National Historical Publications & Records Commission FY 2010 Funding

The National Historical Publications and Records Commission’s (NHPRC) budget would increase from the current fiscal year’s $11.25 million to $13 million under the fiscal year (FY) 2010 omnibus funding bill passed by Congress on December 13. Most importantly, the NHPRC would receive the entire $13 million in funding for grants; the highest appropriations level in its history. This is a sizeable increase of $3.75 million over the $9.25 million in grant money NHPRC received in FY 2009.

In FY ’09, the NHPRC received $9.25 million for grants (plus $2 million for administrative costs). The $2 million that the NHPRC has traditionally received for administrative costs has usually been transferred from the National Archives and Records Administration’s operating and expenses account. For FY 10, the administrative support for NHPRC will be included as part of NARA’s operating and expenses account base funding. As a result the full amount provided in FY 10 for the NHPRC will go towards grants.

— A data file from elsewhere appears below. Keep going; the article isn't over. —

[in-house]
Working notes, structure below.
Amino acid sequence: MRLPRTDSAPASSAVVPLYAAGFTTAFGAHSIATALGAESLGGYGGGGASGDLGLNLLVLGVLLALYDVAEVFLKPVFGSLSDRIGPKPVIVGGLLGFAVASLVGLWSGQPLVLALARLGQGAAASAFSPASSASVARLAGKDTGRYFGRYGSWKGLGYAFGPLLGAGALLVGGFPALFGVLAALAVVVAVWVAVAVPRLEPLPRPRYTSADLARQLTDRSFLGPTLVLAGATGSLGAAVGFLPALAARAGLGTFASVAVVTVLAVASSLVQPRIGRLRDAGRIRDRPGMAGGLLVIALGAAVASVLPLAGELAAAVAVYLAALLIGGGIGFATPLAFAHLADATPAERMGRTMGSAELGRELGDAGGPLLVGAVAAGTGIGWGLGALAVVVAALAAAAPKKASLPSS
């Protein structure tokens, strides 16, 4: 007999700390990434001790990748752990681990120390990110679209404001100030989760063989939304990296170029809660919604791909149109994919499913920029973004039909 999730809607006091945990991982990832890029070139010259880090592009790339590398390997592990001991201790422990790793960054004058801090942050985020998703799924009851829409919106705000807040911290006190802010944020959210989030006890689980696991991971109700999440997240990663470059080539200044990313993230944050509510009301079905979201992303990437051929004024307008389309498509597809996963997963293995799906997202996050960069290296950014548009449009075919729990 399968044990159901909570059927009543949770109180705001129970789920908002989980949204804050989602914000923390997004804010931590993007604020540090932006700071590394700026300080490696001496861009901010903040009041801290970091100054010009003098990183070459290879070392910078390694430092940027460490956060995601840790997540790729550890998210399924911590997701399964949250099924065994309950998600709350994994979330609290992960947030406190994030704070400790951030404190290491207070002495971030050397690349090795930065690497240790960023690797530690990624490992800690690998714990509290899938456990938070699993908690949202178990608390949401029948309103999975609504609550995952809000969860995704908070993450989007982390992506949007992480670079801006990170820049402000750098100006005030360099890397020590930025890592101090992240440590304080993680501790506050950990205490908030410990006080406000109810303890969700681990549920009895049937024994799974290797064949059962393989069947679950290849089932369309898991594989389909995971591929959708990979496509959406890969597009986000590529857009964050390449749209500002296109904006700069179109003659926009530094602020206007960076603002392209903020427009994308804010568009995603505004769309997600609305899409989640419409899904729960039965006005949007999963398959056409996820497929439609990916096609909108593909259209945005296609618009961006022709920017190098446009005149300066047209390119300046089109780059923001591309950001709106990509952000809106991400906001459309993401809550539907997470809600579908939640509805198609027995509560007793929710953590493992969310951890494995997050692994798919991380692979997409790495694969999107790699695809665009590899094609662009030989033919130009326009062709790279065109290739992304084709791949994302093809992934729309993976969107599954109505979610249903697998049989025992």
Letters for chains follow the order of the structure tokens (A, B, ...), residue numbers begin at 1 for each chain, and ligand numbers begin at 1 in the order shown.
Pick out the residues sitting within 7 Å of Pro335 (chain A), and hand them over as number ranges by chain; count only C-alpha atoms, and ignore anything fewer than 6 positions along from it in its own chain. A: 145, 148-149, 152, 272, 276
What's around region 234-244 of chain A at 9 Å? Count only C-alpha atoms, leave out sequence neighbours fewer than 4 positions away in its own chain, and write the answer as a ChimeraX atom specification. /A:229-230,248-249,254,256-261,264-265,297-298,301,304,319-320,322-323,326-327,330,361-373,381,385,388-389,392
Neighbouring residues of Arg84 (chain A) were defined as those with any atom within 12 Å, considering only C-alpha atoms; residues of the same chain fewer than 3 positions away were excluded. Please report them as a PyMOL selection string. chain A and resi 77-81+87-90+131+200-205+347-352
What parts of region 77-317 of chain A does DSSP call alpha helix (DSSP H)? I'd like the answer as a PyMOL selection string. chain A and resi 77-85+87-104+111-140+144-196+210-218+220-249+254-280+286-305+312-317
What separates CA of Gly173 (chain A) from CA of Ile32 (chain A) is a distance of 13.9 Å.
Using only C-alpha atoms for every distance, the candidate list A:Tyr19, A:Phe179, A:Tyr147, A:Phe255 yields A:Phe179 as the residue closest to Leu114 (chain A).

The Administration and the Senate Appropriations Committee had proposed allocating NHPRC funds to specific projects. However, those directives are missing from the final conference report. The only designated set-aside is $4.5 million for the initiative to provide online access to the papers of the Founding Fathers.

The $4.5 million in funding for the Founding Fathers Online Project will be used to continue the initiative begun in 2009, a pilot project to develop a new approach to publishing the papers of John Adams, Benjamin Franklin, Thomas Jefferson, James Madison, and George Washington. Funding will support the document preparation and encoding for online searching; and initiate a fully searchable online portal for the Founders’ papers that is free to the public.

In October 2009, the NHPRC, in partnership with Documents Compass at the Virginia Foundation for the Humanities, announced that 5,000 previously unpublished documents from the nation’s founders were now available online through Rotunda, the digital imprint of The University of Virginia Press.